On July 1, Urvashi Rangara, the deputy director of Haryana's Department of Information, Public Relations and Languages, dispatched a letter to district information and public relations officers with the subject line, “For district-wise information on local newspapers".
"As per instructions of the director general, all district information and public relations officers are instructed to gather correct and detailed information about the publication and distribution of local newspapers and magazines, including the type of publication, number of copies, whether is it published within the district or not," Rangara wrote, and directed the officials to relay this information to the advertising branch. “Along with this, information about newspapers, magazines and news channels published and distributed in your district that have covered the government negatively or positively in the last six months should be provided in two days.”
Similar information provided by the district officials earlier wasn’t clear, Rangara complained, and asked them to obtain the required information and relay it to the department immediately so that appropriate action can be taken.
What exactly wasn't clear in the information collected earlier?
"There was no mention earlier of organisations doing negative or positive news," an official in the information and public relations department told Newslaundry on the condition of anonymity.
But why does the Haryana government want to know which news organisations are covering it positively or negatively?
Given that Rangara's letter instructs the district officials to provide the information to the advertising department, it’s reasonable to suspect that it may be used to determine which organisations should receive government advertisements and which shouldn't.
Newslaundry called Rangara for clarification but she refused to speak about the letter and hung up the phone.
Rajesh Kumar, an employee in the advertising department, confirmed that they are receiving this information from the district officials but wouldn't say what they intend to do with it. “You should speak to our DPRO about it," he said, and disconnected the call.
After Rangara's letter became public and sparked criticism by journalists, she sent out another. “The ‘negative and positive coverage’ line has been removed from the second letter issued on July 7," said an information department employee who asked not to be named.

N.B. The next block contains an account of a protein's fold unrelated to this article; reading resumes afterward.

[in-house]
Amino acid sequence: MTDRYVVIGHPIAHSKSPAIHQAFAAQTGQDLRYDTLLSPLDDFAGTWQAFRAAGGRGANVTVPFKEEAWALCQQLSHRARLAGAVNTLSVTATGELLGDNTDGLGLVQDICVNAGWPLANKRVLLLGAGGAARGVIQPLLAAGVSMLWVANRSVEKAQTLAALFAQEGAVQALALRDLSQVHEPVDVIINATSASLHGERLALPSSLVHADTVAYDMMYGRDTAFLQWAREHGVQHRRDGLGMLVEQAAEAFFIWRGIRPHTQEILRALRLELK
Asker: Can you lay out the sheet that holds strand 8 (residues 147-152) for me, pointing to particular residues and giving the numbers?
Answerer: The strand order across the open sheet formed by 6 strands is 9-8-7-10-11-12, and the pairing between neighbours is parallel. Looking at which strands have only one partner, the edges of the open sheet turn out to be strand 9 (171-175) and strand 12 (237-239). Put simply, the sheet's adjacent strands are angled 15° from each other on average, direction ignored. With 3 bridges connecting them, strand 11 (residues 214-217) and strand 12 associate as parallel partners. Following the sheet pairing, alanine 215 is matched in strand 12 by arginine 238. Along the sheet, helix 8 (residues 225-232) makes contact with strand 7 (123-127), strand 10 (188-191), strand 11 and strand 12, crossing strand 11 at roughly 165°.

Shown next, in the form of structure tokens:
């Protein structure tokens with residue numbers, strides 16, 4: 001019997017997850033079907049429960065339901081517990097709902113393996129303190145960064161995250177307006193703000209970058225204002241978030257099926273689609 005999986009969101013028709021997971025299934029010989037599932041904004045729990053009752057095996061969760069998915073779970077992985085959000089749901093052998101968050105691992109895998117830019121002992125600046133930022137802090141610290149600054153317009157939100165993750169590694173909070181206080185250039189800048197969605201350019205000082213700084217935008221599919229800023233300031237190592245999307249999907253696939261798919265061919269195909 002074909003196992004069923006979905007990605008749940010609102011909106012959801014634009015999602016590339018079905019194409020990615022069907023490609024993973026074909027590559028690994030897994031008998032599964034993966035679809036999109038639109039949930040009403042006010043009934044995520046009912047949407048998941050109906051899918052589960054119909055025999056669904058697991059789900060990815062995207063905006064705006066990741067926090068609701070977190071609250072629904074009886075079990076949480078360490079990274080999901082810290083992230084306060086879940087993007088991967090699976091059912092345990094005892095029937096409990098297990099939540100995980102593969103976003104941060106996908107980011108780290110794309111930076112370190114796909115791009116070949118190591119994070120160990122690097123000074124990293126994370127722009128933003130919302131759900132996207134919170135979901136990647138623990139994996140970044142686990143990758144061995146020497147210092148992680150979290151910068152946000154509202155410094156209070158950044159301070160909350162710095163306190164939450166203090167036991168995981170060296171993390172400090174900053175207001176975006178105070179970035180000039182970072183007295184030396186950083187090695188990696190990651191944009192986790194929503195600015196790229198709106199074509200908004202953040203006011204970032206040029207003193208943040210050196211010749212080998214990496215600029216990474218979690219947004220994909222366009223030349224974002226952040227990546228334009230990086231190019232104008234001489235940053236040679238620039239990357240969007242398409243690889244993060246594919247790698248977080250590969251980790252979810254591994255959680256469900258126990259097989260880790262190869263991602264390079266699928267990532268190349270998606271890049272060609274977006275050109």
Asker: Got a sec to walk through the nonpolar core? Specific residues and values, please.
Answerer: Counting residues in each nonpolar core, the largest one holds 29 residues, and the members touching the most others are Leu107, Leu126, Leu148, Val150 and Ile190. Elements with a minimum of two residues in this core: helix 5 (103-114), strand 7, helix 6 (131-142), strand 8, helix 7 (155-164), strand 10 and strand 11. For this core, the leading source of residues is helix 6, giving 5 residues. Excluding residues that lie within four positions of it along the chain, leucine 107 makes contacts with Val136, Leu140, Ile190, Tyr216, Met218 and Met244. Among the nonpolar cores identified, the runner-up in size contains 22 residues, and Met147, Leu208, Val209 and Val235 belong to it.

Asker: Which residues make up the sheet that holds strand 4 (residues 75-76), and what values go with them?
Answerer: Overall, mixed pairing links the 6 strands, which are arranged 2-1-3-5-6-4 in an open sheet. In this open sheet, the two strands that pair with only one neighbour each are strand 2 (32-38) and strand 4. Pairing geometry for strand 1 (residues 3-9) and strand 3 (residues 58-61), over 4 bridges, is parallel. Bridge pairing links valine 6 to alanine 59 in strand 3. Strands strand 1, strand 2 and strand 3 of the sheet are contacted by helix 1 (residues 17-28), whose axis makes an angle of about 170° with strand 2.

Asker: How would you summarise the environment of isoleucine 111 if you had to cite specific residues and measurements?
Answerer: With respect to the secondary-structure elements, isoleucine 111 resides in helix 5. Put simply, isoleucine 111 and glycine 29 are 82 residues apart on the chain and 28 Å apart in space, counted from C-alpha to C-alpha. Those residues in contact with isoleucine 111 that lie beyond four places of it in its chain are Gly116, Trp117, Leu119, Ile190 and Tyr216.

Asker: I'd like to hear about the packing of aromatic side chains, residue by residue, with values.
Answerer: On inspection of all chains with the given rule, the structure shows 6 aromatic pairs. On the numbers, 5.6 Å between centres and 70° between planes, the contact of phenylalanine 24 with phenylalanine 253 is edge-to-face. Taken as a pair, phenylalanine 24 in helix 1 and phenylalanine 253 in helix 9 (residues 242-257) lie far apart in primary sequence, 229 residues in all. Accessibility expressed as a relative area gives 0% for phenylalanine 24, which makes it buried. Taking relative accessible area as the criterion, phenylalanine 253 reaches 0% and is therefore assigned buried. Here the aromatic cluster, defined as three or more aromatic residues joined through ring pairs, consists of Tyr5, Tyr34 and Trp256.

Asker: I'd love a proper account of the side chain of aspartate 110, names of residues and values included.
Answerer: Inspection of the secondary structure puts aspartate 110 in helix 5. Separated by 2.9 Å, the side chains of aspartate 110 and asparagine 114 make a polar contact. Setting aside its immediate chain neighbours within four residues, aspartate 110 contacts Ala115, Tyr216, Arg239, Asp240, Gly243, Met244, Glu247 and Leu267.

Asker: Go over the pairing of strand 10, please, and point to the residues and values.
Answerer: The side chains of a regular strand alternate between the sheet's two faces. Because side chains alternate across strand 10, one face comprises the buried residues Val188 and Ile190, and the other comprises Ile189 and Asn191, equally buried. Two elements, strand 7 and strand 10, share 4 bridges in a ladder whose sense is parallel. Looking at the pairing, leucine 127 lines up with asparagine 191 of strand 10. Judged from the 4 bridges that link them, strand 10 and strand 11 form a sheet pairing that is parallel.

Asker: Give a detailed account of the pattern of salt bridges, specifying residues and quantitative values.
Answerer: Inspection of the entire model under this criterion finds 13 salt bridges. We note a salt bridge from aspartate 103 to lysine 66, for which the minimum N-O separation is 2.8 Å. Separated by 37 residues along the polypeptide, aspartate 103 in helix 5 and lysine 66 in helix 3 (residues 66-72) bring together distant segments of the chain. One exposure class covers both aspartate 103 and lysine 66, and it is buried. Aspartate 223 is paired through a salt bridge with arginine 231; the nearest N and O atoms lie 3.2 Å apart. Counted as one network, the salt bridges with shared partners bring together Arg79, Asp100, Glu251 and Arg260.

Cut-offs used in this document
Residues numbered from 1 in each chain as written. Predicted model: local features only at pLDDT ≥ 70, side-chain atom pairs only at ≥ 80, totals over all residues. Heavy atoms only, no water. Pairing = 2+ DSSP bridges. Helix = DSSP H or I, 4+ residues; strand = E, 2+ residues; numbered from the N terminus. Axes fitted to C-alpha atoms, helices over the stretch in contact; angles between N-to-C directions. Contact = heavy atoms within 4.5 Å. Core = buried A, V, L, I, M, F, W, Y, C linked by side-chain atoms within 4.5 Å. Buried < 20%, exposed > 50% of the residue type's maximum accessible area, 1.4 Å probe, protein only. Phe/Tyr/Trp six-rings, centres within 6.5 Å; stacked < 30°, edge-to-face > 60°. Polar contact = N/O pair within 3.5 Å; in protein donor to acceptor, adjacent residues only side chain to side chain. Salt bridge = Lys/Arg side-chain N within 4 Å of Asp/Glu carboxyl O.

After the first letter became public, the Haryana Journalist Union immediately opposed it. Speaking with Newslaundry, Sanjay Rathi, a union leader, said, “The government asking for a list of media organisations doing negative or positive coverage means it wants to get the newspapers under its control. Only newspapers or organisations presenting the government’s side well would be preferred for ads. This is an unpassed law under which organisations favouring the government are rewarded and those critical are penalised. They have made it public this time.”
He added, “Small and medium newspapers in Haryana have almost shut down because the government doesn’t give them ads. On the other hand, big newspapers take crores in ad money from the government, they are no different from the government. They print what the government wants.”
Hemant Atri, former national editor of Dainik Bhaskar, said, “This is extremely unfortunate and insensitive. The department would say it happened by mistake. But it wasn’t a mistake, it shows the mentality of the public relations department. This directive exhibits what their outlook is towards the media. The information department is the eyes, nose and ears of the government. Show it what’s being printed, good or bad. But categorising the media based on the coverage is not fair.”
Had the Haryana government sent a letter like this earlier? Atri said, “A directive exactly like this hasn't come before, but all their policies are similar, policies of redtapism which show a mindset of not taking the media seriously. The job of the public relations department is to facilitate the press but the whole department is anti-media, they keep throwing a wrench in everything.”
A version of this report was previously published on .